OWC got upset with me when I took their drive apart last time, so I can't provide you guys with internal shots of this drive. The concern was that opening the drive left it in an unsellable condition. I would hope that no company is reselling review samples, but you never know.

The 50GB Mercury Extreme carries a $229 price tag, that’s comparable to other small-capacity SSDs on the market:

SSD Price Price per GB of NAND
Corsair P64 64GB $209.00 $3.266
Intel X25-M G2 80GB $219.99 $2.750
Kingston SSDNow V Series 64GB $139.99 $2.187
OWC Mercury Extreme 50GB $229.99 $3.594

 

Unfortunately it does give you the worst cost per GB of NAND, and even worse when you consider how much of that is usable accessible. Remember that these SF-1500 controllers are derivatives of SandForce’s enterprise SSD efforts, meaning they are designed to use a lot of spare area.

Despite having 64GB of MLC NAND on board, the 50GB drive has a formatted capacity of 46.4GB. Nearly all of the extra flash is used for bad block allocation and spare area to keep performance high.

I installed Windows 7, drivers and PCMark Vantage on my 50GB drive which left me with 30.8GB of free space. That’s actually not too bad if you aren’t going to put a whole lot more on the drive. There’s more than enough room for a few applications, but think twice before using it for media storage.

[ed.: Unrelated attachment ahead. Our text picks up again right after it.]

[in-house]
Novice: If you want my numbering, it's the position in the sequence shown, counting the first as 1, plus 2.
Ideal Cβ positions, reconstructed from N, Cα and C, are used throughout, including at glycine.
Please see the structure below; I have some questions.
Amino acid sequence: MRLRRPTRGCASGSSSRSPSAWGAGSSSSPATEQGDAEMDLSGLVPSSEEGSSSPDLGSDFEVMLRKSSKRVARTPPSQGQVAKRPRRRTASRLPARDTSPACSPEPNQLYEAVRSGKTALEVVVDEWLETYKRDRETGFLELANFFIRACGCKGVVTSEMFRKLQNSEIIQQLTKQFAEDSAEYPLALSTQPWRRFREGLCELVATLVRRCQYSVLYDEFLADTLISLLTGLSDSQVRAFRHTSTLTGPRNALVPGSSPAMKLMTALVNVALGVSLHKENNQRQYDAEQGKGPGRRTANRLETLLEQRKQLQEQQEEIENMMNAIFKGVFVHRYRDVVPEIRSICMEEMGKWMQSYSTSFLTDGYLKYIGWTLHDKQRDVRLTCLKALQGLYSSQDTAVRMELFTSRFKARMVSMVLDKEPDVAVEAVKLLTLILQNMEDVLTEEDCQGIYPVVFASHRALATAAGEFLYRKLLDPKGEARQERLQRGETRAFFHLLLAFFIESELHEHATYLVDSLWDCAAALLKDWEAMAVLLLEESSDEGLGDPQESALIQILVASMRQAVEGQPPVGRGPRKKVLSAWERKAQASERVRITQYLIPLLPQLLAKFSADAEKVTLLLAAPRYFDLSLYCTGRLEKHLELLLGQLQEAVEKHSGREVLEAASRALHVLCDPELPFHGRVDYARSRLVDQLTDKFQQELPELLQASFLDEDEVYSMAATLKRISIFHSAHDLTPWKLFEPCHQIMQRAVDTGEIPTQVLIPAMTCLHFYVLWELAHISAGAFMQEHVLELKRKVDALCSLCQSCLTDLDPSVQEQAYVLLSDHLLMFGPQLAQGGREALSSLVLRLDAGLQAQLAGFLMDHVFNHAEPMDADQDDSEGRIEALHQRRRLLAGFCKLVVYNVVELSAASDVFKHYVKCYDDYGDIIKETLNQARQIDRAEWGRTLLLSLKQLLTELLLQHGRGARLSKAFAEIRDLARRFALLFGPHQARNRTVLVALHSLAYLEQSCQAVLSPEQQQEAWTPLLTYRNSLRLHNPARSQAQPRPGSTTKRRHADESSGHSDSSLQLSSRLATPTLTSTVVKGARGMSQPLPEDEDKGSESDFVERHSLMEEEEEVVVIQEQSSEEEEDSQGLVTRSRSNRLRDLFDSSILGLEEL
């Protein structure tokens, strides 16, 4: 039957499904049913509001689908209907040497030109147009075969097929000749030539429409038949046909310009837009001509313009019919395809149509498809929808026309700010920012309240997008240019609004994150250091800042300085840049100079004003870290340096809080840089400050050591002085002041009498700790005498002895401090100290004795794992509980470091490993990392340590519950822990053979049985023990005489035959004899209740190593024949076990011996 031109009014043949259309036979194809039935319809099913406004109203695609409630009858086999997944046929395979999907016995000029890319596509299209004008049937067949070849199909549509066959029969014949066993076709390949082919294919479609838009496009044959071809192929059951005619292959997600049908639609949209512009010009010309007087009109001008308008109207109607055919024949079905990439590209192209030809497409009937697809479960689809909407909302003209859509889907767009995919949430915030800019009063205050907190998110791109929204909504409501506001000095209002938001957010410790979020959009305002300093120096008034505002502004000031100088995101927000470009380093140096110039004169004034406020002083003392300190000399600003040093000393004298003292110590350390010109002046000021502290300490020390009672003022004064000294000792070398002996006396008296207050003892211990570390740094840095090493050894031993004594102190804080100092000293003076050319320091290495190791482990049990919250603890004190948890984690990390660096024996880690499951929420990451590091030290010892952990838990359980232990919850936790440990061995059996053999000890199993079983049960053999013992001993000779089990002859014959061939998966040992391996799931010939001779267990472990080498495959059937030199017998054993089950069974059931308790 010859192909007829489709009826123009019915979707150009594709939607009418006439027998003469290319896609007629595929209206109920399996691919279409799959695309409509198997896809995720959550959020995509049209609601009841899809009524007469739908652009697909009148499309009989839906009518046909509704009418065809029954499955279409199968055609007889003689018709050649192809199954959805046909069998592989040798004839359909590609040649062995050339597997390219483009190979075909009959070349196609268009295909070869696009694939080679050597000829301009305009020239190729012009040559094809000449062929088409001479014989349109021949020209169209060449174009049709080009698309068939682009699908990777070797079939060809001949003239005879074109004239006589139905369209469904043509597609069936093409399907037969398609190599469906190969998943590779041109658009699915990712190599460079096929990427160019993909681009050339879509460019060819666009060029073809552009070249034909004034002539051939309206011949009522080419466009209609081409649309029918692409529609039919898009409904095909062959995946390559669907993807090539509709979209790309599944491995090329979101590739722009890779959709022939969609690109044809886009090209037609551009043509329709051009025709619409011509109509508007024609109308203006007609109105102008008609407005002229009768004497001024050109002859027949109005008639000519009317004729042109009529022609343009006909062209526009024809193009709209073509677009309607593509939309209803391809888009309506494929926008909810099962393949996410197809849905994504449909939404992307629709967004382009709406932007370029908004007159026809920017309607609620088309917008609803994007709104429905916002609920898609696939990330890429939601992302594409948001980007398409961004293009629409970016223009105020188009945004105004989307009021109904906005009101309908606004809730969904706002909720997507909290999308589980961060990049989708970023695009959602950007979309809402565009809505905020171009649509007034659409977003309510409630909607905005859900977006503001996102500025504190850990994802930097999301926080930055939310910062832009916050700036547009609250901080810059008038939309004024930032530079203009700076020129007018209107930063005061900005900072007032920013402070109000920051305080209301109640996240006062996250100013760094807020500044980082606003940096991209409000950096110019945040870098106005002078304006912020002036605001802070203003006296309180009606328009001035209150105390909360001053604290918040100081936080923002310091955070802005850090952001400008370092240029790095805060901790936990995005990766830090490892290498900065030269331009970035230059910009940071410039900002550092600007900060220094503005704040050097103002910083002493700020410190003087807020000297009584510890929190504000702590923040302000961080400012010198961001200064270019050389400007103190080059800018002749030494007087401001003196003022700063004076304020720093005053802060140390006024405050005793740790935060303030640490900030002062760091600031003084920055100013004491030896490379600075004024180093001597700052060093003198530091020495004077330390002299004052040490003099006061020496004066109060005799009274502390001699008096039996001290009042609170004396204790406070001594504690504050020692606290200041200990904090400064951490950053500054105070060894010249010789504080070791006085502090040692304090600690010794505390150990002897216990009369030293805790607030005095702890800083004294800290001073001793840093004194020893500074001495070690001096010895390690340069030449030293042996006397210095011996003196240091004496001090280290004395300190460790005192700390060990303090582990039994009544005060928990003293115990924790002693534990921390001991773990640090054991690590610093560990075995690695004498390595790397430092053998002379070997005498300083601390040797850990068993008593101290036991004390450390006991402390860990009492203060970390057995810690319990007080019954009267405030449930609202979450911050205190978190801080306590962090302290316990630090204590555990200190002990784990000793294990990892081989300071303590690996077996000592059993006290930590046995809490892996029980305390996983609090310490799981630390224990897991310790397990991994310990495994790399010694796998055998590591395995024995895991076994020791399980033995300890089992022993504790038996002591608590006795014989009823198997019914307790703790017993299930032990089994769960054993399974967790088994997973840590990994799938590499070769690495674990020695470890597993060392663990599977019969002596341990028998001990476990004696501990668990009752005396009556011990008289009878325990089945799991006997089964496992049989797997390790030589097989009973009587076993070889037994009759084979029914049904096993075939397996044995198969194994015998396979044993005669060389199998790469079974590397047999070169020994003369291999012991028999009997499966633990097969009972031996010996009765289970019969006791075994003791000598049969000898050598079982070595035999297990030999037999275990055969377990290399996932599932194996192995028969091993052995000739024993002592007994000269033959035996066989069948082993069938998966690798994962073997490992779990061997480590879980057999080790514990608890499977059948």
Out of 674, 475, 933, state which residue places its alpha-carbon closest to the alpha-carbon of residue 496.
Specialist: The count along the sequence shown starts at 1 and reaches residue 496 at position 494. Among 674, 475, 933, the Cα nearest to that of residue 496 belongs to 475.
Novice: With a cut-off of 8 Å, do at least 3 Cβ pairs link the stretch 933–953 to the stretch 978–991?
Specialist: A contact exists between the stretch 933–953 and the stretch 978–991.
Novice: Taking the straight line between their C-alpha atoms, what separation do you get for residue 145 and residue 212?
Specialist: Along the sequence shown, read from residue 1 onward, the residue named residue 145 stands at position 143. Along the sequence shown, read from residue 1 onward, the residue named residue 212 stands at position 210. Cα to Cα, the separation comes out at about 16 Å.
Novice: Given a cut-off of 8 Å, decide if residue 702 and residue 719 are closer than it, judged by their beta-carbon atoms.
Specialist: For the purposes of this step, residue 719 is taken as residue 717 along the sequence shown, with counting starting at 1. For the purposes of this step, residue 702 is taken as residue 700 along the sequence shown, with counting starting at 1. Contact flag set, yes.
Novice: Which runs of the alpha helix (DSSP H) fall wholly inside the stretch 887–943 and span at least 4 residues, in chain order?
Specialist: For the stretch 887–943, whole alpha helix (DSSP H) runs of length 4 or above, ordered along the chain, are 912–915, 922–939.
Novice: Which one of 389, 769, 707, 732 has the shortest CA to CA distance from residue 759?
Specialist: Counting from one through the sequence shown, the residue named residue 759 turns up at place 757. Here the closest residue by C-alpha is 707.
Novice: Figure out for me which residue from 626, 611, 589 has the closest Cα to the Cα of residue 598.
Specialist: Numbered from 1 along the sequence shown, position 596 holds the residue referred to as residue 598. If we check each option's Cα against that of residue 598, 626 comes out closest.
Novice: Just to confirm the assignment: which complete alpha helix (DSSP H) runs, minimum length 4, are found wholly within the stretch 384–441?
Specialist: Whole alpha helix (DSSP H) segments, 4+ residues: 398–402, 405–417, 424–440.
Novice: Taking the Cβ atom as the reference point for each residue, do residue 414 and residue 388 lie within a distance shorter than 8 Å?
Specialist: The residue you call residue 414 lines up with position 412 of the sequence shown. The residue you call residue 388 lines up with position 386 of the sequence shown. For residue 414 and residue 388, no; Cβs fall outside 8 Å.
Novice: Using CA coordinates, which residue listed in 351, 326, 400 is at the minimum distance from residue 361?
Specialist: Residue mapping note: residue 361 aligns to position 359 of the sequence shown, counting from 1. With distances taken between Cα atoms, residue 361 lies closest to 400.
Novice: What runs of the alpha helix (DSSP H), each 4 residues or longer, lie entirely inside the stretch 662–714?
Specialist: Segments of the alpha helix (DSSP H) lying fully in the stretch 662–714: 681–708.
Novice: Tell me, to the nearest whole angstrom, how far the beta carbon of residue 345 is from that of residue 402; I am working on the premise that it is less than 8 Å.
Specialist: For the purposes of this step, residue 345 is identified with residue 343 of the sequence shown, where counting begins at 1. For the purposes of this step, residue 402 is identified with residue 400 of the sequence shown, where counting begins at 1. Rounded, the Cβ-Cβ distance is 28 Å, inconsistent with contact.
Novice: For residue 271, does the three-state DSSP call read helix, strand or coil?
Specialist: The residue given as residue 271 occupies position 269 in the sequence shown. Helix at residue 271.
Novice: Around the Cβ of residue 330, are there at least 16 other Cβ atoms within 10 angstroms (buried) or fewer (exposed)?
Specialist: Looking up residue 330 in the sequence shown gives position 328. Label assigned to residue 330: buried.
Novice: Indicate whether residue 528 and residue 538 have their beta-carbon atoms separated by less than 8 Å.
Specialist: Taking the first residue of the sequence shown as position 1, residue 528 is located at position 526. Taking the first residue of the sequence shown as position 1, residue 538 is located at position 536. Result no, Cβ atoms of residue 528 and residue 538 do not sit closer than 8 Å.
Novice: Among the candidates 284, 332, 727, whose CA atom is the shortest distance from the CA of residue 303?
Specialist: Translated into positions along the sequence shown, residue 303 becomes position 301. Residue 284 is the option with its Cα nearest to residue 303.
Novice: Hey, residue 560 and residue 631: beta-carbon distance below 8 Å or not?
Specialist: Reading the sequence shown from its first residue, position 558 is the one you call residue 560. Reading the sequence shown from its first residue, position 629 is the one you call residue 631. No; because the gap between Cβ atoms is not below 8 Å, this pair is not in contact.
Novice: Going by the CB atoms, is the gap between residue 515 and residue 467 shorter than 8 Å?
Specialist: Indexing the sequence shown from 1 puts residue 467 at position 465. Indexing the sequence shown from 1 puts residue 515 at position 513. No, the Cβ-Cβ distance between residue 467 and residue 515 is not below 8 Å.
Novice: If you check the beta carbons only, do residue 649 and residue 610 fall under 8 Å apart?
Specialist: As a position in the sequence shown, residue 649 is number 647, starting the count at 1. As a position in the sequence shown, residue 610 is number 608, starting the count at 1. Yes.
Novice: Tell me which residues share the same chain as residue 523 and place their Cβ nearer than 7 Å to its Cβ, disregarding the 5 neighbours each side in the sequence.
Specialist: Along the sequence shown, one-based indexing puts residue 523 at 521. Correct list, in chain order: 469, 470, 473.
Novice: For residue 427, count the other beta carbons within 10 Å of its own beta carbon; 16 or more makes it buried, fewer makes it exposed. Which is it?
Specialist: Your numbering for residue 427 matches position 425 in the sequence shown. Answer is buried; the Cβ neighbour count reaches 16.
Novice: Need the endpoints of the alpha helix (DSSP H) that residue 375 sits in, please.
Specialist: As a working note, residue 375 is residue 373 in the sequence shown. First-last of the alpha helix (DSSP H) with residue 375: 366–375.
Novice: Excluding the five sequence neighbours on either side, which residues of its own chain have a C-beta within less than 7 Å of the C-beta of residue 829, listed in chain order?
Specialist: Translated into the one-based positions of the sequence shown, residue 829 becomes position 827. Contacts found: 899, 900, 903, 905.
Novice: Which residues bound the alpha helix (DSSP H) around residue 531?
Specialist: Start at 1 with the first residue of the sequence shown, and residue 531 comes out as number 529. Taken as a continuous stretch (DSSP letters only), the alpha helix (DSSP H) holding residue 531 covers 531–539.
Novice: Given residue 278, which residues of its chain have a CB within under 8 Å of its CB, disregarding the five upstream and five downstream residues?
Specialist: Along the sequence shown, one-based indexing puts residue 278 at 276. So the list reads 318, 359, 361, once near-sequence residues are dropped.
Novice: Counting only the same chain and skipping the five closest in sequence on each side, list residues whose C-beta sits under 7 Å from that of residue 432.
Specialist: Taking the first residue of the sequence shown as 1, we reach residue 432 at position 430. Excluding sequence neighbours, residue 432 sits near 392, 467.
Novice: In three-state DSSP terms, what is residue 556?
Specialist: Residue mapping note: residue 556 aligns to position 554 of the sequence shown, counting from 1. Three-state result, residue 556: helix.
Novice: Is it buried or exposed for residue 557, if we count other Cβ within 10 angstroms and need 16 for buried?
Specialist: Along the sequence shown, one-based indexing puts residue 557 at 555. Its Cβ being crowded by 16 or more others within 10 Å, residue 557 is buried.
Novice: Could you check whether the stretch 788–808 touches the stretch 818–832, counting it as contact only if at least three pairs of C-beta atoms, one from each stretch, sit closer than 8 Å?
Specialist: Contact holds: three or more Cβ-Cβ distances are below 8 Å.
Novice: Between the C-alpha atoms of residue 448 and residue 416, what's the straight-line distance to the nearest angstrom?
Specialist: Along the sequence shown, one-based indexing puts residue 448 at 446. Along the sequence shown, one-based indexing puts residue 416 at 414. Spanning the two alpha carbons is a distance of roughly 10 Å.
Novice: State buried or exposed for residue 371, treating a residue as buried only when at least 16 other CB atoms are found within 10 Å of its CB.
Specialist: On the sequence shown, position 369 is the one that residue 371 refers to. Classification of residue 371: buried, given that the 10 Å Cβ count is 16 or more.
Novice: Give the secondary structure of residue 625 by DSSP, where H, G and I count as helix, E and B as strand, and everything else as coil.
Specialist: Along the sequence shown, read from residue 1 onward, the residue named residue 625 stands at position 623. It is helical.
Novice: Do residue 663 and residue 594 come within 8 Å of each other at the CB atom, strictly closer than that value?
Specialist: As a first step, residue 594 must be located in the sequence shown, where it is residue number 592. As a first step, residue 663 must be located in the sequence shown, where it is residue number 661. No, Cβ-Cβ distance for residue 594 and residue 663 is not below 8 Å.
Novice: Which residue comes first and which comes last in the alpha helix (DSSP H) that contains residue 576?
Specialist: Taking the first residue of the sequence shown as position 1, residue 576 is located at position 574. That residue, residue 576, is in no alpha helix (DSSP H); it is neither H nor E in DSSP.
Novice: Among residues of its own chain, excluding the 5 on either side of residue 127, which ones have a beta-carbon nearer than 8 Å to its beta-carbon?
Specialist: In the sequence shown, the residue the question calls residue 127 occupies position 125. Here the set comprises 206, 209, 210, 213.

Preview Today, More Tests Coming

It’s sheer excitement that made me push this review out today. I was really curious to see how well one of these 50GB SandForce drives performed. I have seen some of you request that you’d like to see more non-I/O specific, real world tests in our suite. I’ve done this in previous articles but stopped simply because the data didn’t seem to provide much value. These drives are so fast that measuring application launches, game level loads or boot time simply shows no difference between them all. Instead, by focusing on pure I/O performance I’ve at least been able to show what drives are technically the fastest and then base my recommendation on a good balance of raw performance and price. Then there’s the stuff that’s more difficult to benchmark - long term reliability and consistency of performance. Most of these drives end up in one of my work machines for several months on end. I use that experience in helping formulate my recommendations. In short, I’m still looking to expand the test suite and add meaningful tests - it’s just going to take some time. This is a lengthy process as each new controller poses new challenges from a benchmarking perspective.

The Test

CPU Intel Core i7 965 running at 3.2GHz (Turbo & EIST Disabled)
Motherboard: Intel DX58SO (Intel X58)
Chipset: Intel X58 + Marvell SATA 6Gbps PCIe